The new and permanent challenge for governments everywhere will be to balance human demands for resources, energy, and waste cycling with the declining carrying capacity of ecosystems. The United States during the Nixon presidency made a start toward ecological governance with the passage of the National Environmental Policy Act (1970). NEPA called for a systems approach to environmental decisions, evaluation of alternatives to proposed actions, and consideration of the long term. In the intervening years the vital signs of the earth have deteriorated faster than anyone in 1970 expected. And the prospect of declining climate stability lends urgency to the challenge of rethinking how we conduct the public business at all levels.
In the broadest terms, the challenge for governments, on one hand, is to develop the capacity to foresee and forestall adverse changes by (1) developing the capacity for systems planning; (2) implementing full-cost accounting; and (3) extending time horizons for decisions from years to decades and centuries. On the other hand, governments must build capacity to govern smarter by promoting synergies between public and private sectors that catalyse virtuous cycles of change.
Further, governments and our political discourse must transcend the old right-left dichotomy characteristic of industrial age politics. The challenge ahead will be to creatively join conservatism and liberalism in search of a liveable future. Interestingly, the necessary changes would blend the thinking of Edmund Burke, the founder of modern conservatism, with that of Thomas Jefferson, associated with modern radicalism. In different ways, each argued for the protection of future generations from “intergenerational tyranny.” The prospect of political change, however, is complicated and difficult, and there is no assurance that governments that are effective in the face of rapid climate destabilization will also be democratic. It is easier and perhaps more plausible to imagine a future of hyper-efficient, solar-powered, sustainable, and authoritarian societies than reformed and effective democracies.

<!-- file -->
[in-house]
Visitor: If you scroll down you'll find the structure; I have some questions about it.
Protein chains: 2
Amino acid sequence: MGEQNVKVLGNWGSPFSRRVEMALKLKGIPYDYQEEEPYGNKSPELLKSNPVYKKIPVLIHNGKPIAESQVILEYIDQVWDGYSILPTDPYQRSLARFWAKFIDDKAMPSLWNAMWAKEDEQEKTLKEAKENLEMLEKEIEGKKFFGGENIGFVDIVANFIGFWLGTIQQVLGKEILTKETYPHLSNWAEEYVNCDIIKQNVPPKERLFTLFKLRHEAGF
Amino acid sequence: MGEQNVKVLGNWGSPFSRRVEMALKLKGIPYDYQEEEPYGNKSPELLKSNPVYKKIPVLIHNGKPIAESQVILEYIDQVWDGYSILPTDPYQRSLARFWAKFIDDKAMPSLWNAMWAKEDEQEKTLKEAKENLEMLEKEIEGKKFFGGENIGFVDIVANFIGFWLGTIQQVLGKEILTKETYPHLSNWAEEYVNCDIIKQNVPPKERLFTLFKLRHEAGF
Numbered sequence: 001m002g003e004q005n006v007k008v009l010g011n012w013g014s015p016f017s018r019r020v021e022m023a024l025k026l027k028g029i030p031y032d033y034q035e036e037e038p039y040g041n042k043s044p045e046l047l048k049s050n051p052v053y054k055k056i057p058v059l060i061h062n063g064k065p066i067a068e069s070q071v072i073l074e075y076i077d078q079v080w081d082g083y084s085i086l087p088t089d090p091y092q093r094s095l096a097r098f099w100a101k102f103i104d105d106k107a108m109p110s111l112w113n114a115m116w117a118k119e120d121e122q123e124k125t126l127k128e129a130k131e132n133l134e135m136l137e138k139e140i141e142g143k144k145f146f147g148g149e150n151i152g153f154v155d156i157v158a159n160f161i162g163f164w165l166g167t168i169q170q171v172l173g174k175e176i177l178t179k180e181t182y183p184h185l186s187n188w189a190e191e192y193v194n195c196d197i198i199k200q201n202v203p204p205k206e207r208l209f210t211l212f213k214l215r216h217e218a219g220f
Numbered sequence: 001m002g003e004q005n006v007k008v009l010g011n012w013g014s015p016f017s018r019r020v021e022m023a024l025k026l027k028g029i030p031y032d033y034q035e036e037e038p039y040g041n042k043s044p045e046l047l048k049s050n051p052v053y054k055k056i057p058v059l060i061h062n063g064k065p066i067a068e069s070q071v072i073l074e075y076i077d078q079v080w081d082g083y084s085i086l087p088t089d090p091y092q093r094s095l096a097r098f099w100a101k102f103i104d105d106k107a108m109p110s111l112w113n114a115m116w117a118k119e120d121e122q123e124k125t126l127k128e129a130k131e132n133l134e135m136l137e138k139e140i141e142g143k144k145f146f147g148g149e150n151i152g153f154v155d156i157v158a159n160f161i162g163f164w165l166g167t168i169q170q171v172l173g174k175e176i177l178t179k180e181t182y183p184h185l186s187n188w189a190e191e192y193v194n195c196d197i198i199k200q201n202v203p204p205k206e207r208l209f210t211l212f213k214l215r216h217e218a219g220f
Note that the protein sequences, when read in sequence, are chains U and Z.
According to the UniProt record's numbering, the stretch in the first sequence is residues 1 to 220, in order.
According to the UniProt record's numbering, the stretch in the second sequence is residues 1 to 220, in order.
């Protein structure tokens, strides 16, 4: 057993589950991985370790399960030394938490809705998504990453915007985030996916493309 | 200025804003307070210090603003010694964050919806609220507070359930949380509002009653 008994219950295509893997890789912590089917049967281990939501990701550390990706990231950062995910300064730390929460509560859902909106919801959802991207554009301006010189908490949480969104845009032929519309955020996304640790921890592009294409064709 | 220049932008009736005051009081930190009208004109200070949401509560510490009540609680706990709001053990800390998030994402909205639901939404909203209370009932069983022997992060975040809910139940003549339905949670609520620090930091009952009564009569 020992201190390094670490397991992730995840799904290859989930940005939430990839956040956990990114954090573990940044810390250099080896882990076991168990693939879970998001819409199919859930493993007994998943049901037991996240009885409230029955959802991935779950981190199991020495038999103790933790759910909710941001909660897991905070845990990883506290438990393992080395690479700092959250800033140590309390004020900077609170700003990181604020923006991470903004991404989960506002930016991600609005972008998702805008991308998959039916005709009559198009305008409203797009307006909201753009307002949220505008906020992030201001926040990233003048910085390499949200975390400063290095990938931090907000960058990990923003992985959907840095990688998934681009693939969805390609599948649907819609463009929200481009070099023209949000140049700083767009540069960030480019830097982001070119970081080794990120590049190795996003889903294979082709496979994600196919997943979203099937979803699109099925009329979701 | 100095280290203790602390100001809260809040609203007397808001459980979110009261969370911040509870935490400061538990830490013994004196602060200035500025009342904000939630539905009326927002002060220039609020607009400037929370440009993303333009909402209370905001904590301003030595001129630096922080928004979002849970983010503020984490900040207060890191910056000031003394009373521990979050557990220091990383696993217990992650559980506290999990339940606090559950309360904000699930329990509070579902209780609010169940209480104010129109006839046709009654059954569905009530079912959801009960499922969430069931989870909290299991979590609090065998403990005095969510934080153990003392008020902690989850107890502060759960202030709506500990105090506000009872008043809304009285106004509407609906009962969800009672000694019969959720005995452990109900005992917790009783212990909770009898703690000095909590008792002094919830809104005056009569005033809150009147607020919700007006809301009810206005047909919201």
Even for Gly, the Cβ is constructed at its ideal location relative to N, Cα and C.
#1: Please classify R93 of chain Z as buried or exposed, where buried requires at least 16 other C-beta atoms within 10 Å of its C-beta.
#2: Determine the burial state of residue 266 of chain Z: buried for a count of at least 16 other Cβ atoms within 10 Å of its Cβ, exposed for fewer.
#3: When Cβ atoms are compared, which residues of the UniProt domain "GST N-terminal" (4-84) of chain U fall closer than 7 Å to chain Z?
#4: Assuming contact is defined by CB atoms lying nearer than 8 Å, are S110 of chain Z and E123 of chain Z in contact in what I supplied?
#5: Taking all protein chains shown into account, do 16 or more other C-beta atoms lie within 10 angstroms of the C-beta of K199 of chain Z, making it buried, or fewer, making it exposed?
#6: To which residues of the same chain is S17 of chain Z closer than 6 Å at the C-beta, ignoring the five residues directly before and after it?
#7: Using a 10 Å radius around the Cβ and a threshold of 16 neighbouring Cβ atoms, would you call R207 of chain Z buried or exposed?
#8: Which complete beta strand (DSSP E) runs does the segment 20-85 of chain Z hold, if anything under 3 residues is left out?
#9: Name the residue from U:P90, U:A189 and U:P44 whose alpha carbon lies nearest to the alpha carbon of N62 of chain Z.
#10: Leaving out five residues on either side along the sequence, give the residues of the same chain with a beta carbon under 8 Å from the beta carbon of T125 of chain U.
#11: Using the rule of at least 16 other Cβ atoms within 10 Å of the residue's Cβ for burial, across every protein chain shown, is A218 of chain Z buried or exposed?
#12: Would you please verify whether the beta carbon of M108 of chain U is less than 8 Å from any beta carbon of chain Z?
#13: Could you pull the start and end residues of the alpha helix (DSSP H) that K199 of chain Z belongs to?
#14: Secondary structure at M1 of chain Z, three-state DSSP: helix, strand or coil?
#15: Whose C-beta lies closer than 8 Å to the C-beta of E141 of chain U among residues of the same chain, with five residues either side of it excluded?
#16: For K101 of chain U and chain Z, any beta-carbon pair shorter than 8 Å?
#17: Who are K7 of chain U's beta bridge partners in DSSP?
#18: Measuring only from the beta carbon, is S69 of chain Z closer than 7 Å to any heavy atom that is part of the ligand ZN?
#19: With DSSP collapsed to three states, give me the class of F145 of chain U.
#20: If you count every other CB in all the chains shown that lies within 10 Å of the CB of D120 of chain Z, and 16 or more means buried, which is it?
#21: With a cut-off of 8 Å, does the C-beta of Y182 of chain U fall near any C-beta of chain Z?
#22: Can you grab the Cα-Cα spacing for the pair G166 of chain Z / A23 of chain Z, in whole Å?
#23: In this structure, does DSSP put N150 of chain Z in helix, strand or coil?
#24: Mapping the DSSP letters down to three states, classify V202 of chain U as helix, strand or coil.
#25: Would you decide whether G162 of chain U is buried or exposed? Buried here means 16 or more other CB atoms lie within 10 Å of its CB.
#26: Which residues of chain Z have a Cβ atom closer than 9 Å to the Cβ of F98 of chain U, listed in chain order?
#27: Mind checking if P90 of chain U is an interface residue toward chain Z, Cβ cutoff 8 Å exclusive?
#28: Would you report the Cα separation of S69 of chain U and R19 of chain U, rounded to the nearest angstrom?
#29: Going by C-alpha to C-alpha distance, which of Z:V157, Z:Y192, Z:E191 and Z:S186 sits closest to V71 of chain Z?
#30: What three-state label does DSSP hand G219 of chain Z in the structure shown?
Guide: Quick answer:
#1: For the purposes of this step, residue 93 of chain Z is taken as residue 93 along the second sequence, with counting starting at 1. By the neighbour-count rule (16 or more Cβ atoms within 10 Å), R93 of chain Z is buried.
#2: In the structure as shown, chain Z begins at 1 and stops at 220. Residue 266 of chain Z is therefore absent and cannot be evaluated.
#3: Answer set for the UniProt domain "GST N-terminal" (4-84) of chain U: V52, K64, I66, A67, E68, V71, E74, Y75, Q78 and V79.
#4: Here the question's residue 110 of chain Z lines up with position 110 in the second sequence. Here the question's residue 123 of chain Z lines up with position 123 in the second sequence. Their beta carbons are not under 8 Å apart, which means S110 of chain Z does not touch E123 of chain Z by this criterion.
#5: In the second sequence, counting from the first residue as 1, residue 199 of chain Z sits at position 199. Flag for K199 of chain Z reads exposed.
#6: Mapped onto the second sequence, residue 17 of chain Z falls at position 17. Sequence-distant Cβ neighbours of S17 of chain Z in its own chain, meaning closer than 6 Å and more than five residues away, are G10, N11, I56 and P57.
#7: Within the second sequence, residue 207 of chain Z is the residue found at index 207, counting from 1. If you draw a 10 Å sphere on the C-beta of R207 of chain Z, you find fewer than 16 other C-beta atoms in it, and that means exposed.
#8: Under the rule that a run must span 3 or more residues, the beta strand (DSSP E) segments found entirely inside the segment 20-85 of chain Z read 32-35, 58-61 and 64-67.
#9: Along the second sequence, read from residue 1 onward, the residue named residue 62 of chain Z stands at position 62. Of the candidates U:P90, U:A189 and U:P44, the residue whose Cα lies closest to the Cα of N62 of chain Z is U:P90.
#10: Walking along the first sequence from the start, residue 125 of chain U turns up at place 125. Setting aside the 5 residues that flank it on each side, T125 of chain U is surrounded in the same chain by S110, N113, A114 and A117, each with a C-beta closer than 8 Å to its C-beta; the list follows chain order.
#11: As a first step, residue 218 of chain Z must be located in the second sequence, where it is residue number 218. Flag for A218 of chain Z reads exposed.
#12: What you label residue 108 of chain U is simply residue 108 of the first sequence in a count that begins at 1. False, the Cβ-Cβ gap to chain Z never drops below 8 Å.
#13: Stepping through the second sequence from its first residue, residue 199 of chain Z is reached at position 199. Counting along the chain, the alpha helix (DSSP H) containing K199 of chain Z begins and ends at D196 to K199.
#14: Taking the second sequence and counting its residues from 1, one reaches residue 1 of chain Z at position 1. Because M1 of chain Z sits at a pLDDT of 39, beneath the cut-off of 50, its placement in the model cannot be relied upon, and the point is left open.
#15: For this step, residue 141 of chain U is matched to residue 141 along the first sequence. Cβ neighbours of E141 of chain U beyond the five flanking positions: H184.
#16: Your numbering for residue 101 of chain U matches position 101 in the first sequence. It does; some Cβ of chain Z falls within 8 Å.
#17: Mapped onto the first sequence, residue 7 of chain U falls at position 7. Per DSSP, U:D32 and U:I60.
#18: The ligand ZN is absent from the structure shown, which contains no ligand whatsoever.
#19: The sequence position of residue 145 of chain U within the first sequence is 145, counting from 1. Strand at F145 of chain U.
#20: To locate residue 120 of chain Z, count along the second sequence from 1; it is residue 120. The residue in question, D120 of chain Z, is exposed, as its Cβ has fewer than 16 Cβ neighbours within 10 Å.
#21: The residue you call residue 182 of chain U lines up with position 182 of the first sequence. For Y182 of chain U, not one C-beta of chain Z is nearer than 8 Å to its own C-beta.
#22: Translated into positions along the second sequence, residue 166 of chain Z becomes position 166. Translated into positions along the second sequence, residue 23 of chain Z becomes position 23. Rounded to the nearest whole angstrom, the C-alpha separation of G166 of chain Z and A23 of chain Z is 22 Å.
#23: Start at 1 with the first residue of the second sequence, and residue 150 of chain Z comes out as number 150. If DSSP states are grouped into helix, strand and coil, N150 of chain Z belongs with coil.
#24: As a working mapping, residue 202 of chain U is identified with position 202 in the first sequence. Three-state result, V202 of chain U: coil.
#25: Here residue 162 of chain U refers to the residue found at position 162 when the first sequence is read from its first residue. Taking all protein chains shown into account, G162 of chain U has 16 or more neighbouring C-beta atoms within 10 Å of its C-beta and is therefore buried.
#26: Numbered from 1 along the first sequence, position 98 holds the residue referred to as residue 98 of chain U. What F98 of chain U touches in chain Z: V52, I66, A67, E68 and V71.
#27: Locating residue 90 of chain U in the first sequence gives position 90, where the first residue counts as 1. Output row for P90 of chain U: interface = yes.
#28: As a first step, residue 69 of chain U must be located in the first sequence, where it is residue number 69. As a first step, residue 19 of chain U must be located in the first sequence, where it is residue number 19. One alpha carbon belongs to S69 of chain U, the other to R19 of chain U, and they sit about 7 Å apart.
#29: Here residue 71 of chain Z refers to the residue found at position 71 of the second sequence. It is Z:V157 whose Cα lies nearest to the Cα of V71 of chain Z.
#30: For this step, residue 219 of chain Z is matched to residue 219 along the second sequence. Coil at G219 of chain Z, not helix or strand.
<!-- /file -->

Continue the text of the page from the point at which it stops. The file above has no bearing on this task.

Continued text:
What we do know is that governments will be under increasing climate-change-driven stresses that will jeopardize food supplies, water, key infrastructure, and probably population shifts from vulnerable coastlines and desiccated and storm-devastated interiors. In such circumstances, public order will be difficult to maintain without the perception of shared sacrifice, common vision, and leadership.
Finally, we live amid the ruins of failed systems—communism, socialism, and capitalism—and urgently need a new vision of the human prospect and potentials grounded in science, philosophy, and inclusive spirituality, not wishful thinking, greed, fear, and illusion. This new vision must begin with the hard fact that climate destabilization and its collateral effects will cause great suffering and trauma and exact an increasing psychological toll on all of us. Old and familiar places and entire ecologies will be mutilated, some beyond recognition, undermining our sense of place and safety. Climate refugees (the United Nations estimates up to 250 million or more by 2050) will be the first to suffer the traumas of displacement and perhaps violence. But the fact is that we are all refugees from the only paradise humans have ever known—the 12,000-year interlude that geologists call the Holocene. We now live in a less benign and far less certain age called the Anthropocene. In this new age, the duress of scarcity, heat, and alternating dryness and deluge may bring out both the best and worst of human behaviour. In either case, it will certainly dissolve the false optimism inherent in the “modern project.”
Such prospects make it all the more urgent to develop plausible alternative visions grounded in emerging realities, but with hope on a further horizon. The scientific evidence suggests that we are entering a “long emergency” for which there will be no quick fixes or painless solutions. Any worthy vision must hold out solid hope of the millennial kind. It must include rights for future generations. It must create a more inclusive framework for justice, fairness, decency, sustainability, and human rights (e.g., the Earth Charter). It must preserve a stock of irreplaceable knowledge while protecting and extending the hard-won gains of civilization, but over time spans and conditions that we can barely fathom.
By. David Orr